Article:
- Who called the police first – Although who called the police first is relevant to any investigation, it’s probably the very least reliable gauge of who should be charged with a crime. Yet time and time again, we hear from clients who say that the police arrived on the scene of a fight and then said that they were considering the person who called 911 first to be the victim. What’s the lesson from this? Although it shouldn’t make much difference, it often does, so if you’re the victim of a crime, call the police immediately.
- Preconceived prejudices, perceived attitudes and previous encounters – Police are people too and as such, they come with all sorts of baggage, good and bad. Although they’re supposed to be completely objective in their charging determinations, all sorts of things may unfortunately enter into an officer’s decision-making process from the citizen’s attitude to the color of their skin.
Police Must Have Approval for Felony Charges
Although police have the authority to charge citizens with traffic offenses and misdemeanor criminal offenses, felony cases are a different matter. If the police officer believes that a felony crime has been committed and enhanced charges are warranted, he or she must submit the information to the relevant county’s State’s Attorney’s Office for approval first. Generally, the police will contact the “Felony Review” section of the State’s Attorney’s Office, usually while the offender is still in custody. Then, whether by phone or in person, the officer will set out the facts and evidence that they believe warrant such a serious charge. The State’s Attorney may decide to speak to witnesses first or may make a determination solely based upon the information provided by the police. Although the prosecutor may decide that the facts do satisfy the requirements for a felony, he or she may also decide to withhold approval for any number of reasons, including the offender’s lack of previous criminal history.
Can the Officer’s Decision Whether to Charge be Challenged?
For the most part, police officers are given the discretion by their superiors about whether charges should be brought or not. But if you believe that you’ve been treated unfairly and the police are unreasonably refusing to bring charges, there are other steps that can be taken, which include:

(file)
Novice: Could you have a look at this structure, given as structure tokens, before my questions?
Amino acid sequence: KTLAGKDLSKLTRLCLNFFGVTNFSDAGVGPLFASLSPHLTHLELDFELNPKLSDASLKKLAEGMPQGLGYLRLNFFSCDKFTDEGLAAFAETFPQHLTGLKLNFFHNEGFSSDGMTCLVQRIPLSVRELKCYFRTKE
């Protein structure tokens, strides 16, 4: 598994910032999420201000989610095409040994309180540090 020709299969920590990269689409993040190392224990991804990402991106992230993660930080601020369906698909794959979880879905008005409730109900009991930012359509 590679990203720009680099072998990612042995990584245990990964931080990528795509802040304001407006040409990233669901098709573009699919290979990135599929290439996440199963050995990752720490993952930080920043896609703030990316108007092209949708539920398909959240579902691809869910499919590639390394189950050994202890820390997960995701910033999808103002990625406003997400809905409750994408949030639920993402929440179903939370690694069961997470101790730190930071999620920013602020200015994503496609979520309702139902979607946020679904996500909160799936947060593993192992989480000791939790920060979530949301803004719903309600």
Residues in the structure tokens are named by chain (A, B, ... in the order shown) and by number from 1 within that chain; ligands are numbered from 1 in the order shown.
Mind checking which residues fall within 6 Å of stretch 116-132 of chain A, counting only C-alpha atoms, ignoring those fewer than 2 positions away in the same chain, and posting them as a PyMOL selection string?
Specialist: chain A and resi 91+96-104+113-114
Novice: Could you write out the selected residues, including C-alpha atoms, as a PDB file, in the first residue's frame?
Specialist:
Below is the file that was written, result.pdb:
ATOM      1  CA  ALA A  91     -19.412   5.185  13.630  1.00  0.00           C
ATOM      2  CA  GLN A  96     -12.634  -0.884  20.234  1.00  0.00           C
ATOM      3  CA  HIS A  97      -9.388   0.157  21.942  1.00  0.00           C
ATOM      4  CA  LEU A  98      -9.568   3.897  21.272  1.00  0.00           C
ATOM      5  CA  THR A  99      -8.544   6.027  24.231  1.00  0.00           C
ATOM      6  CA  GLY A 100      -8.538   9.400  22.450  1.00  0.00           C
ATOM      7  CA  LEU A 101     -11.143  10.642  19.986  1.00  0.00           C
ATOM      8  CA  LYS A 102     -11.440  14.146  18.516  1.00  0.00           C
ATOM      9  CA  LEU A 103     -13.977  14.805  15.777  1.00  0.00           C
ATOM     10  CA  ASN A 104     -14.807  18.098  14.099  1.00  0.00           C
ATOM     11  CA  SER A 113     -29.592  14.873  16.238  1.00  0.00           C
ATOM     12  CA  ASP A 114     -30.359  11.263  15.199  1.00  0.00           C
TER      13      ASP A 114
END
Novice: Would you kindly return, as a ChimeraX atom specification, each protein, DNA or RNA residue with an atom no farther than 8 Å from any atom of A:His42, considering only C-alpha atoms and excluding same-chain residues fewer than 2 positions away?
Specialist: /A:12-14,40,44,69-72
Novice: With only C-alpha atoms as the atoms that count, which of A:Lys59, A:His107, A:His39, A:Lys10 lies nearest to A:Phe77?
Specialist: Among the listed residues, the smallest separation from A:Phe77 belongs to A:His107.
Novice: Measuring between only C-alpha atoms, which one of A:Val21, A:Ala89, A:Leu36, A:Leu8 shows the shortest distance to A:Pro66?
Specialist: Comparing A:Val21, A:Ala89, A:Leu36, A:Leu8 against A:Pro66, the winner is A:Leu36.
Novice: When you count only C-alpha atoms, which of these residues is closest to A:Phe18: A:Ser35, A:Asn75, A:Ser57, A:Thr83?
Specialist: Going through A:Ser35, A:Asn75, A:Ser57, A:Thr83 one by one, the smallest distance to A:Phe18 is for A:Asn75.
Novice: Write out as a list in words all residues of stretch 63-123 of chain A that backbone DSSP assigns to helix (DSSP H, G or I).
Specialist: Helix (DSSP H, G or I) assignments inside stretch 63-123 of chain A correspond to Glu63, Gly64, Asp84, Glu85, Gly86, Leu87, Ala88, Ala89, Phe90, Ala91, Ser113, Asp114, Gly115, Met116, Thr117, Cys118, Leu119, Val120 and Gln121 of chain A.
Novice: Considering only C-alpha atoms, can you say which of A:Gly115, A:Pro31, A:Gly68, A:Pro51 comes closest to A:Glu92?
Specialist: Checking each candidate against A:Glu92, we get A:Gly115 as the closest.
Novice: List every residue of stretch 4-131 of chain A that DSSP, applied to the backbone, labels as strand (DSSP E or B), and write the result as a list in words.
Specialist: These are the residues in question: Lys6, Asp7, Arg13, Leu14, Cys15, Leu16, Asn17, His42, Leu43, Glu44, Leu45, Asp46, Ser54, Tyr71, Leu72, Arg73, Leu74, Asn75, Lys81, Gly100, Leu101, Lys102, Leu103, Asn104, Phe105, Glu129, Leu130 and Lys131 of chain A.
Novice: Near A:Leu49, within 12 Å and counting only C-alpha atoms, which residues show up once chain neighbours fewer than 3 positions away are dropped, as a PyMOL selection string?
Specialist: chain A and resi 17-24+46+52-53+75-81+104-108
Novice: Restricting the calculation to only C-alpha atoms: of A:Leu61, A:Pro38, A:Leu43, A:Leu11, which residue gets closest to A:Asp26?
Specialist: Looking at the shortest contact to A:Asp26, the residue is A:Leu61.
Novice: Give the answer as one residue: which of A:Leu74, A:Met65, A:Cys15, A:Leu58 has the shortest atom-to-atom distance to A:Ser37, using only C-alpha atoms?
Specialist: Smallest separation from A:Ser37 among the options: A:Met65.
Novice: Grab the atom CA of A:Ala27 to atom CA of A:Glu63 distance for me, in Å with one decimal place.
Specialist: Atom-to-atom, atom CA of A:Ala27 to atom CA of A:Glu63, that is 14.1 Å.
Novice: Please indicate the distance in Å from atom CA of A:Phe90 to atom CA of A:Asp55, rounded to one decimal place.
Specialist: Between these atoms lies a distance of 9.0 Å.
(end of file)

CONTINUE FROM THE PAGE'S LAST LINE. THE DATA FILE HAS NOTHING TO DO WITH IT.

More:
- Speak to the Police Commander or supervisor and set forth your concerns in a professional manner.
- Go to the State’s Attorney’s Office for the county (such as the Cook County State’s Attorney), explain your concerns, and enquire whether they can intercede.
- Depending on the nature of the concern, contact the Illinois Attorney General’s Office.
- If you truly believe that the decision was racially based, discriminatory or illegal in some manner, contact the relevant Police oversite board such as COPA (Civilian Office of Police Accountability) for Chicago cases.
- In Chicago (but not in most other cities), a victim can go to the local Police District and “file charges” against another person for many misdemeanor charges, even though the police officer declined to do so previously. This will then generate a “summons” to the other party to appear in court on a future court date.
Representing Criminal Clients Since 1990
Speak to our experience legal team free of charge about any manner of criminal or traffic offenses by contacting us at (312) 644-0444. Mitchell S. Sexner & Associates LLC has been helping people out of tough situations for over 30 years. Our office can be reached 24 hours a day, 7 days a week.